4 Ways I Trick Myself into Writing (That Might Work for You Too)

Let’s be honest: Writing is hard. And because of that, it can sometimes be a struggle to make ourselves do it.

I often tell people I feel the same way about writing as I do about going to the gym. I know I should do it because it's good for me and it will help me achieve my goals, but I still do everything I can to avoid it.

If you're not familiar with this feeling (but I'm assuming you are since you're reading this), you might ask, Why? Well, I suppose it’s the fear of sucking at writing (or exercising) combined with the allure of the million other things I could be doing that don’t involve any sort of struggle (i.e., napping or watching a Catfish marathon on MTV).

As a result, I’ve had to come up with some sneaky ways to trick myself into doing it because the irony is, when I finally do write, I actually really enjoy it. In fact, I often find myself wondering why I don't do it more often (same goes for working out).

Unfortunately, though, none of the tricks below have been helpful in getting me to the gym more often. (But if you have some tips on that, I'm all ears.)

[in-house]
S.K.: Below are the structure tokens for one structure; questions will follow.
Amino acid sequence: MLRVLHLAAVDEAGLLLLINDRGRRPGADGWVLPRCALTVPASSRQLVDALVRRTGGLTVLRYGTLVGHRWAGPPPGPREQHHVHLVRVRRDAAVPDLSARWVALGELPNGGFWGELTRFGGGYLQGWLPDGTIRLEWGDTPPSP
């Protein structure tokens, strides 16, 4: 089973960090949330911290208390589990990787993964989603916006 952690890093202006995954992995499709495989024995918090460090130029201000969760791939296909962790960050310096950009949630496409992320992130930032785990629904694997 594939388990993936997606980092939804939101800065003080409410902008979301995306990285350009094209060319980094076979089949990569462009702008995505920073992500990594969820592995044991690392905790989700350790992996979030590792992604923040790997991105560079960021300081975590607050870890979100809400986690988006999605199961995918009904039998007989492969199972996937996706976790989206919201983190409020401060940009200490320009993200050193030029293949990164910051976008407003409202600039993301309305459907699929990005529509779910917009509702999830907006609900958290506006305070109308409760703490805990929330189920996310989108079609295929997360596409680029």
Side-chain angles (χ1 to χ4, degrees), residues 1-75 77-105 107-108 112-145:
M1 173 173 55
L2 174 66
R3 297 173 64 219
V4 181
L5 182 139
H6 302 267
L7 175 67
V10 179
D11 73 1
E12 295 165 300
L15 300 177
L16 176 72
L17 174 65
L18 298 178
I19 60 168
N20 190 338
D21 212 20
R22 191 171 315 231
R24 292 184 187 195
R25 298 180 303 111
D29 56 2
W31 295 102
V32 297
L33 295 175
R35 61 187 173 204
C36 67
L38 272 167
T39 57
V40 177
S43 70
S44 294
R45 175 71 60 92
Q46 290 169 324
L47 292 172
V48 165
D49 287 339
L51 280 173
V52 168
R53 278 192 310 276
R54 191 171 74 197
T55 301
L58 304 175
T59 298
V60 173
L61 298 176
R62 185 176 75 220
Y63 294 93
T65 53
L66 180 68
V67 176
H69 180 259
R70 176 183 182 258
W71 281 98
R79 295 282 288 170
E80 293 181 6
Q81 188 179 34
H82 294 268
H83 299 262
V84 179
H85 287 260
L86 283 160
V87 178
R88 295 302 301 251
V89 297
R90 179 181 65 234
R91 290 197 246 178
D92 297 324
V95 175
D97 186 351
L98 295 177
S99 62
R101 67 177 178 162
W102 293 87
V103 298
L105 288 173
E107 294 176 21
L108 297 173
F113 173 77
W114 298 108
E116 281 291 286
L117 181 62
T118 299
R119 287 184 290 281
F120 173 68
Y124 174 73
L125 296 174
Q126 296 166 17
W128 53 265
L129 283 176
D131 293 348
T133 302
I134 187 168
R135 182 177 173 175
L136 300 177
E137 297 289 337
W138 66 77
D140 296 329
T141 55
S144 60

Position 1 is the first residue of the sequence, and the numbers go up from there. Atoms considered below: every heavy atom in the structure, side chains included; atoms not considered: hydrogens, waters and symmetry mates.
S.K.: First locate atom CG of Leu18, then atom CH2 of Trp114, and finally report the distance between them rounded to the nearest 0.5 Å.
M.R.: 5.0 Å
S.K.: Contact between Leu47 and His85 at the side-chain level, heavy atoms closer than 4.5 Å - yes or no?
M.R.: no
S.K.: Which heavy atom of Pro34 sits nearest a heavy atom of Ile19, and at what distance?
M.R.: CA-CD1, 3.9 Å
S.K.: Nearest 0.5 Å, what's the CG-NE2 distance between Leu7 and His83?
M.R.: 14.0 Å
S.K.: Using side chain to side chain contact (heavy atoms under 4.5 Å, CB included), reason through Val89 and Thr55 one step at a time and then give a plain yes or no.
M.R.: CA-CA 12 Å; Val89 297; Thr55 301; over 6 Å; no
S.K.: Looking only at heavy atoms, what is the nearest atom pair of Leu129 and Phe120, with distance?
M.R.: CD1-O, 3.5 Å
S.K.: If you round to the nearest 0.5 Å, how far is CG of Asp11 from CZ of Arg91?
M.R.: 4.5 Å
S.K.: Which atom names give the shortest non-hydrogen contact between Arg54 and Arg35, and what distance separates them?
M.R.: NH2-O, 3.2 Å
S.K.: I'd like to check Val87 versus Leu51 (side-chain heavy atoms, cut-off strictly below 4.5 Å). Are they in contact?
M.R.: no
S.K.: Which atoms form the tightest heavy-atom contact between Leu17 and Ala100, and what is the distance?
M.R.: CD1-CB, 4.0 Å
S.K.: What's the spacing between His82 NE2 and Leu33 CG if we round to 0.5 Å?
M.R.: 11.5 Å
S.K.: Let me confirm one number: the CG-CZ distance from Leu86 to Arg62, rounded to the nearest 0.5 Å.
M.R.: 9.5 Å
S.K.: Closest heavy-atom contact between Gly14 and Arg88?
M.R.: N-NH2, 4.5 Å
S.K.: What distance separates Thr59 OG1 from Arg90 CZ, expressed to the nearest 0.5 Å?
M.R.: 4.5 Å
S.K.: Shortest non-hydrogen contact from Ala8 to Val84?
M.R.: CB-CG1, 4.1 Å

1. I tell myself "I'm just going to read it once."

When I can't motivate myself to write, I tell myself I'm just going to read through the piece I should be working on once, so that my subconscious can continue to work on the story while I'm doing all those easier things I mentioned earlier.

Generally, I'm only a sentence or two in before I find something I want to change, and from there, the revisions snowball. Before I know it, I've invested at least an hour or two into working on a piece I told myself I was only going to read through once.

2. I re-read my last acceptance (or particularly encouraging rejection) letter.

When slogging through revisions, sometimes it's easy to forget why I choose to write in the first place. Rereading my last acceptance letter, or even a particularly supportive rejection letter from an editor who believes in my work, is sometimes all the motivation I need to return to a piece or start something new. After all, how am I going to experience the joy and satisfaction of receiving an acceptance if I'm not writing?

3. I turn on music, not the TV.

The minute I turn on the TV, my writing brain goes into a deep coma. And let’s face it, there is always a Law & Order: SVU marathon beckoning from the cable guide. So when I get up in the morning or get home from work, instead of turning on the TV, I turn on my laptop and get Pandora playing. The beauty of music is that it's engaging but not all-absorbing, making it the perfect complement to more meaningful activities, such as reading, cleaning, or you guessed it, writing.

4. I read.

If I'm not feeling particularly inspired by anything I'm working on or feel like I need a break from writing, reading has always been a rich source of motivation. For instance, Claudia Rankine's use of the second person point of view in Citizen: An American Lyric helped inspire a flash fiction piece I'm currently working on and pretty dang excited about.

Now that you know my tips, what are some other strategies you use to get yourself writing? Also, if you try any of these, I’d love to know what kind of results you get!